Behavioral Theory of the Firm

Henrich R. Greve

in Management

ISBN: 9780199846740
Published online January 2013 | | DOI:
Behavioral Theory of the Firm

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The “behavioral theory of the firm” refers to a research tradition that follows the basic assumptions and interests of Richard M. Cyert and James G. March’s pioneering work, A Behavioral Theory of the Firm (Cyert and March 1963, cited under Classic Treatments). This work examines how organizations function when managers have bounded (not full) rationality, there is disagreement on goals, and the environment is uncertain. This is seen as a more realistic model of organizations than fully rational models or models with full agreement on goals and full knowledge of future states of the environment. Research in this tradition has focused on organizational stability through rules and routines, reduction of conflict through sequential attention to goals operationalized as constraints, and organizational change through the search for solutions that satisfy the goal constraints. Over time it has become broader, and it now includes a significant body of work on how organizations learn from their experience and the experience of other organizations. This bibliography is organized by topic area, and it displays representative work within each topic. For ease of exposition, the space devoted to each topic is not proportional to the work covered; that is, some topics are significantly more developed than others, so that a full coverage of these topics would consume a disproportionate amount of space.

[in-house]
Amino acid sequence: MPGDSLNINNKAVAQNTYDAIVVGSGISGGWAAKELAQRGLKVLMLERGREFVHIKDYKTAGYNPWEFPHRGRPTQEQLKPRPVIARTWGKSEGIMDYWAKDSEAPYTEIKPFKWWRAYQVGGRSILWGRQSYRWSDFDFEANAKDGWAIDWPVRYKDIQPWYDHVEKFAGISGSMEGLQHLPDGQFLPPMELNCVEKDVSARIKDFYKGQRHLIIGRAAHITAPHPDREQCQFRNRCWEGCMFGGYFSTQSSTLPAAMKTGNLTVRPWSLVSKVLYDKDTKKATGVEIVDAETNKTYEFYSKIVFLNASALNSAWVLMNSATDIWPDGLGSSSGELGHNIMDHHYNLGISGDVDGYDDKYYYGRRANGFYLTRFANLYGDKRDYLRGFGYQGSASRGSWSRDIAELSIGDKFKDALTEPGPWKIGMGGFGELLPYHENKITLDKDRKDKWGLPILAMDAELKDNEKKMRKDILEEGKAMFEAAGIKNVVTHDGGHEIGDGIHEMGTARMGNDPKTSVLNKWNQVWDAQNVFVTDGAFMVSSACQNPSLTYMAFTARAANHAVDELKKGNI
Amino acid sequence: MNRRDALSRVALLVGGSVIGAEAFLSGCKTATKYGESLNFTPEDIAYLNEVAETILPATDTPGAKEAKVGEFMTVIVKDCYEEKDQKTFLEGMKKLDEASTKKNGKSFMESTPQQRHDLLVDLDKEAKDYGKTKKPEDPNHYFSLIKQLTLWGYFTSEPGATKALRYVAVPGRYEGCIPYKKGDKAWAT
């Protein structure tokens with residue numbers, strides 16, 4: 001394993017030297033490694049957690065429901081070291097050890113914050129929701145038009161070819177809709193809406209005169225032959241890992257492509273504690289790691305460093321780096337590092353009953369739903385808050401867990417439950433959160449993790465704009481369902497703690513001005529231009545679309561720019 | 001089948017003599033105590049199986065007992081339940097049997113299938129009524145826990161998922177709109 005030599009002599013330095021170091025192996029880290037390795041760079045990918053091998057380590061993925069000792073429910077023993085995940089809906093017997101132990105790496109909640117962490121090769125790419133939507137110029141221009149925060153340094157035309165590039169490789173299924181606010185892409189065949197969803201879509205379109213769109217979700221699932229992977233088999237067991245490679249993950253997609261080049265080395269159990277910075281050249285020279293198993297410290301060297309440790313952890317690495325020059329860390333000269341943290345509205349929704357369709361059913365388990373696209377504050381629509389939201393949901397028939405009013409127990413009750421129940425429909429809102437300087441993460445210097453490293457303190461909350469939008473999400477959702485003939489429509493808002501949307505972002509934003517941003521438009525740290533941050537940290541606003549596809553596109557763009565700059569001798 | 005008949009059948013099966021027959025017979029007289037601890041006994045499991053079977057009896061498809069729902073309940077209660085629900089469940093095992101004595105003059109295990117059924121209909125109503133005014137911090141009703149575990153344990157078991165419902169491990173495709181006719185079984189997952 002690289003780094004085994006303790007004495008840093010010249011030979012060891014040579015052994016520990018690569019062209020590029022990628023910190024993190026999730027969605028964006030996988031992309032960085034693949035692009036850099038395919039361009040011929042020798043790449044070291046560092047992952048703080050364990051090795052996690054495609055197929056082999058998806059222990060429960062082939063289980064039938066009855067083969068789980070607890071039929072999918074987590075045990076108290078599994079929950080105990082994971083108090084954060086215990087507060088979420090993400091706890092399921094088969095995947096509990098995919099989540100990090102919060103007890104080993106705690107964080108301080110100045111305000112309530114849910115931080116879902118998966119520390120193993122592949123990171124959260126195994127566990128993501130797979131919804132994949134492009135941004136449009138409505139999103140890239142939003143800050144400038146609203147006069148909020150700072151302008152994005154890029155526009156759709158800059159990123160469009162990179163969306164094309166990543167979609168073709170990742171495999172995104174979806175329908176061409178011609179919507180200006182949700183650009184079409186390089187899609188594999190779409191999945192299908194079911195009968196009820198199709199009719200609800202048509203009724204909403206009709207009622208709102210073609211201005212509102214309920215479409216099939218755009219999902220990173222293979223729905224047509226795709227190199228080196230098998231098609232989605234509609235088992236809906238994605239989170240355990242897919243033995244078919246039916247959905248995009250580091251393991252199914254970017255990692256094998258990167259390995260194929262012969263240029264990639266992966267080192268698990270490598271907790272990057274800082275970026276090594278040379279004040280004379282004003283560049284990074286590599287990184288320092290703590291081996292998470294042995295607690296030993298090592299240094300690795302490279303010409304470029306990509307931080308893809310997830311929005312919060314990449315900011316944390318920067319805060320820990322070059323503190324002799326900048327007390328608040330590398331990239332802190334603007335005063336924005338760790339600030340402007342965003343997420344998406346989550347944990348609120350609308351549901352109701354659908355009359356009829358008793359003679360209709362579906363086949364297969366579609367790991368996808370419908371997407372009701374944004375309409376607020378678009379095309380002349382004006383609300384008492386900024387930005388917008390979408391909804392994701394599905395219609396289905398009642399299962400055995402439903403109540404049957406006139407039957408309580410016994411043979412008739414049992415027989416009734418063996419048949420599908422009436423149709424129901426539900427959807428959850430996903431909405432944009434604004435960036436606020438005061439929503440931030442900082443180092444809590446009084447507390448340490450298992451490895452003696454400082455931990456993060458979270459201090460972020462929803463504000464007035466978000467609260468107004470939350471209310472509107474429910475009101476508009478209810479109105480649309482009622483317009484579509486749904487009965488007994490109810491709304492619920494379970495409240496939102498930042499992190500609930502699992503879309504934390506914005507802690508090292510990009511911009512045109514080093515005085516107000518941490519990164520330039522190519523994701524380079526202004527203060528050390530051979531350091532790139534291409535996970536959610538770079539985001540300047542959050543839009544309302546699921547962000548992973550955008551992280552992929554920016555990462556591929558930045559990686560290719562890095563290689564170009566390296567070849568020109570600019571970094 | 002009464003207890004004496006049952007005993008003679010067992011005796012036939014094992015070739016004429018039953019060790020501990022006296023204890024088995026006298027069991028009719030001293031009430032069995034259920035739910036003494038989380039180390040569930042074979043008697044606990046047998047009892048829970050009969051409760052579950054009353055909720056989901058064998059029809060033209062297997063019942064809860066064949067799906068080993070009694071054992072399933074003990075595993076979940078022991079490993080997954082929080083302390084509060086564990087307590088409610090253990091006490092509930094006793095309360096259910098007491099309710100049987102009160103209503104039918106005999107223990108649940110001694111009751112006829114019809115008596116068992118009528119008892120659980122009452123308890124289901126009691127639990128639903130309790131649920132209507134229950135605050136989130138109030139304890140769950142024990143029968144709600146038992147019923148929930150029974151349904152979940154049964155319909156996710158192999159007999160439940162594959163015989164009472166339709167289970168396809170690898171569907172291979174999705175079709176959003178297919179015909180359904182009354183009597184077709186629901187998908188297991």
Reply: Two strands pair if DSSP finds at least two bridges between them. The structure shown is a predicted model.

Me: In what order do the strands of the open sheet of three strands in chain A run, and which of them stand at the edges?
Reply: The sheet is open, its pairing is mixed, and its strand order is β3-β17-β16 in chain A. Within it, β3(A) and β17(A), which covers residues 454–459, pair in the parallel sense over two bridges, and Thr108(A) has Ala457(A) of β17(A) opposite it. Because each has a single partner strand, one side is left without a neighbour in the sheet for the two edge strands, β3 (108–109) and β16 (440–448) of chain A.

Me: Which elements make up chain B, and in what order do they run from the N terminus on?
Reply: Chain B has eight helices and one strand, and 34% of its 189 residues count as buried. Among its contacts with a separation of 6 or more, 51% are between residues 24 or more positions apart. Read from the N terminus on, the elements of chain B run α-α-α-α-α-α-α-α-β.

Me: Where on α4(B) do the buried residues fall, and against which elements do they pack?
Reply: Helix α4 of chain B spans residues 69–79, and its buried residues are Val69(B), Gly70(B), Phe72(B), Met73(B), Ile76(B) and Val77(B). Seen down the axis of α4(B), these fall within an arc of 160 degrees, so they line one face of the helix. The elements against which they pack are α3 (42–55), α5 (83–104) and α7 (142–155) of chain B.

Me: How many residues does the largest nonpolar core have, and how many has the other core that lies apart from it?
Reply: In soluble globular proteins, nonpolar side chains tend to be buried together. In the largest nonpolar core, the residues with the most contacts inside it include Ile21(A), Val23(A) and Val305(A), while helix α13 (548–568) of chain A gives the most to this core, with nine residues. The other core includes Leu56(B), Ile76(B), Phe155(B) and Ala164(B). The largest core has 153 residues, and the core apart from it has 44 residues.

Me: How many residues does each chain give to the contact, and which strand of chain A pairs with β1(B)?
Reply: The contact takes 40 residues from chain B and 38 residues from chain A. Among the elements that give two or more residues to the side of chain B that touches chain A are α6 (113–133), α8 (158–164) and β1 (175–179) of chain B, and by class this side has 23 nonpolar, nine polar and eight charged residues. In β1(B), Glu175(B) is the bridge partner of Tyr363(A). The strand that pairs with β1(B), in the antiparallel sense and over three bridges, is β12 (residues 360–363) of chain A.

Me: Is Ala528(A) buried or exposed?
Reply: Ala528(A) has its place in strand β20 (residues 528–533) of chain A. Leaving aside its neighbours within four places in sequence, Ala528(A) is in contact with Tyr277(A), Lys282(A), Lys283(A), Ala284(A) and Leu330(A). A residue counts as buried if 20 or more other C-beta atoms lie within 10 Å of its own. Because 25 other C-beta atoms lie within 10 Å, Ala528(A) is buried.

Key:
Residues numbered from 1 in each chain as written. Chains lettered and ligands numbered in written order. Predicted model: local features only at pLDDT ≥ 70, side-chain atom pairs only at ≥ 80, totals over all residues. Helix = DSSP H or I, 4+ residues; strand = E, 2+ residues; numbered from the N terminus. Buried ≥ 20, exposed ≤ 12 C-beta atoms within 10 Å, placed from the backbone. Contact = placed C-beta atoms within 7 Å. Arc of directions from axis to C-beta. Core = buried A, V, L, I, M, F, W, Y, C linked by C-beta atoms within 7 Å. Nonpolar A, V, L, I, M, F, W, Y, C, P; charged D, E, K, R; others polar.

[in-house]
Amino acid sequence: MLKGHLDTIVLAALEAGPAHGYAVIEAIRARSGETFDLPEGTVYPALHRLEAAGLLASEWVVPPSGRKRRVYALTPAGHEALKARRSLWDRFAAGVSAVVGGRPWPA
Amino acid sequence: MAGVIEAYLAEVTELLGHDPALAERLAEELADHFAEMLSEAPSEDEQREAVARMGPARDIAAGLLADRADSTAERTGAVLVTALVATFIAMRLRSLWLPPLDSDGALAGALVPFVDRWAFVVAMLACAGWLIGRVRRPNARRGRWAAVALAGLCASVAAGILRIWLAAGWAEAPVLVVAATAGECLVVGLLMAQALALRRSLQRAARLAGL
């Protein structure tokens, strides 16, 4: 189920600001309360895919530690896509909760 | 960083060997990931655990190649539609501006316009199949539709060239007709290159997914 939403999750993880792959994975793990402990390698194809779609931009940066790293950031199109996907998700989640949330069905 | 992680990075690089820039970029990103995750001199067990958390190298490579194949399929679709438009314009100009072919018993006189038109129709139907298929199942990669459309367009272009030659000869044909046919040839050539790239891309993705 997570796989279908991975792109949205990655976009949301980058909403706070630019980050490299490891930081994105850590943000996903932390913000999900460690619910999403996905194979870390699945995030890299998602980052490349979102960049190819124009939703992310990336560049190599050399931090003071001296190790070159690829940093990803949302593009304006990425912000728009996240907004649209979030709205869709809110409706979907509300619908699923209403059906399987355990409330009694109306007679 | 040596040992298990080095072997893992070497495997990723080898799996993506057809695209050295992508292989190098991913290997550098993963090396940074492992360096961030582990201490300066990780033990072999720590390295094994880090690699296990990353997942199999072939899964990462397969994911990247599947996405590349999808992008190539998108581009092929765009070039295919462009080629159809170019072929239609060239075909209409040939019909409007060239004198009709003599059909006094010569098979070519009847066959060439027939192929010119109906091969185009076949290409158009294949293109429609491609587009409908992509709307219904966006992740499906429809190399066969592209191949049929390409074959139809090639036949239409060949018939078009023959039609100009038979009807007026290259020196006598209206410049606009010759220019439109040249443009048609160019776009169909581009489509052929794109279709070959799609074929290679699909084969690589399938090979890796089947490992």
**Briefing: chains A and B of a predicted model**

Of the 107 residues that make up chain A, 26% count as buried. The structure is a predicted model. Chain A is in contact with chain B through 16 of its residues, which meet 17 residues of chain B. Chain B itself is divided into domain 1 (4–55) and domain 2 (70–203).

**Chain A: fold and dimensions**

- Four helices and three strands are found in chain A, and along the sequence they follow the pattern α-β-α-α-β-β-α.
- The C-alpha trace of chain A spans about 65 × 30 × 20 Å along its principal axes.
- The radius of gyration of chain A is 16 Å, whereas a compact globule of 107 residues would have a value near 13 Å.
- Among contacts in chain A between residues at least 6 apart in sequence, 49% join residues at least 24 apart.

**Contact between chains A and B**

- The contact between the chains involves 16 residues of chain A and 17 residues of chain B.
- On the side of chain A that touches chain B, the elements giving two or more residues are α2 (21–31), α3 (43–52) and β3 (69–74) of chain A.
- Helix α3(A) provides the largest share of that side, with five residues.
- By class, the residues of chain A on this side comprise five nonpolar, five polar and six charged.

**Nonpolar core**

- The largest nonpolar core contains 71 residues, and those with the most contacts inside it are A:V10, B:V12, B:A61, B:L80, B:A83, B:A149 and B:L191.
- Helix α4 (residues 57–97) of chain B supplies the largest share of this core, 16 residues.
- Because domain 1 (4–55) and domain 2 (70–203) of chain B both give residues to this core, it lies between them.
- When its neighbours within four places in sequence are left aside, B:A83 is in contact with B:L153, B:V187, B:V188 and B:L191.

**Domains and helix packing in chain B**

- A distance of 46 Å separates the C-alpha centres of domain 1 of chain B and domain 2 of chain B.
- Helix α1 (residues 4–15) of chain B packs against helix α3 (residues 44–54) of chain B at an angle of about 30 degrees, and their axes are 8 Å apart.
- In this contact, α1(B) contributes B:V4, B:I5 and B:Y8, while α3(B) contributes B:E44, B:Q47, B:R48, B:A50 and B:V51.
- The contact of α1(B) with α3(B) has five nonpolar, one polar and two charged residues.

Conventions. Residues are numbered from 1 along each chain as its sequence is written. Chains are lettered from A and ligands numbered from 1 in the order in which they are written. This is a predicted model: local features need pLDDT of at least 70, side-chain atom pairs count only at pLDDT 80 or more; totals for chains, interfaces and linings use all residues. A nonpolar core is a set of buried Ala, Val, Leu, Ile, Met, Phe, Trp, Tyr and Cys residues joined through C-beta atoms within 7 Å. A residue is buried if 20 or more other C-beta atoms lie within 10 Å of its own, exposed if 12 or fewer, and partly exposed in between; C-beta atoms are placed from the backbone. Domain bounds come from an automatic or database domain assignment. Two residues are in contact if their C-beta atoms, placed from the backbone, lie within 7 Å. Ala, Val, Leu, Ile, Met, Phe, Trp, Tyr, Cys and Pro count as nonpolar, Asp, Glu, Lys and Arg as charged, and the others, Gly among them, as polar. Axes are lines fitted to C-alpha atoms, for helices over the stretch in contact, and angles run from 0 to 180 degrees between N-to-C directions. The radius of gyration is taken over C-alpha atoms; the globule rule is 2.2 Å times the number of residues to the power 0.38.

Article.  12096 words. 

Subjects: Business and Management

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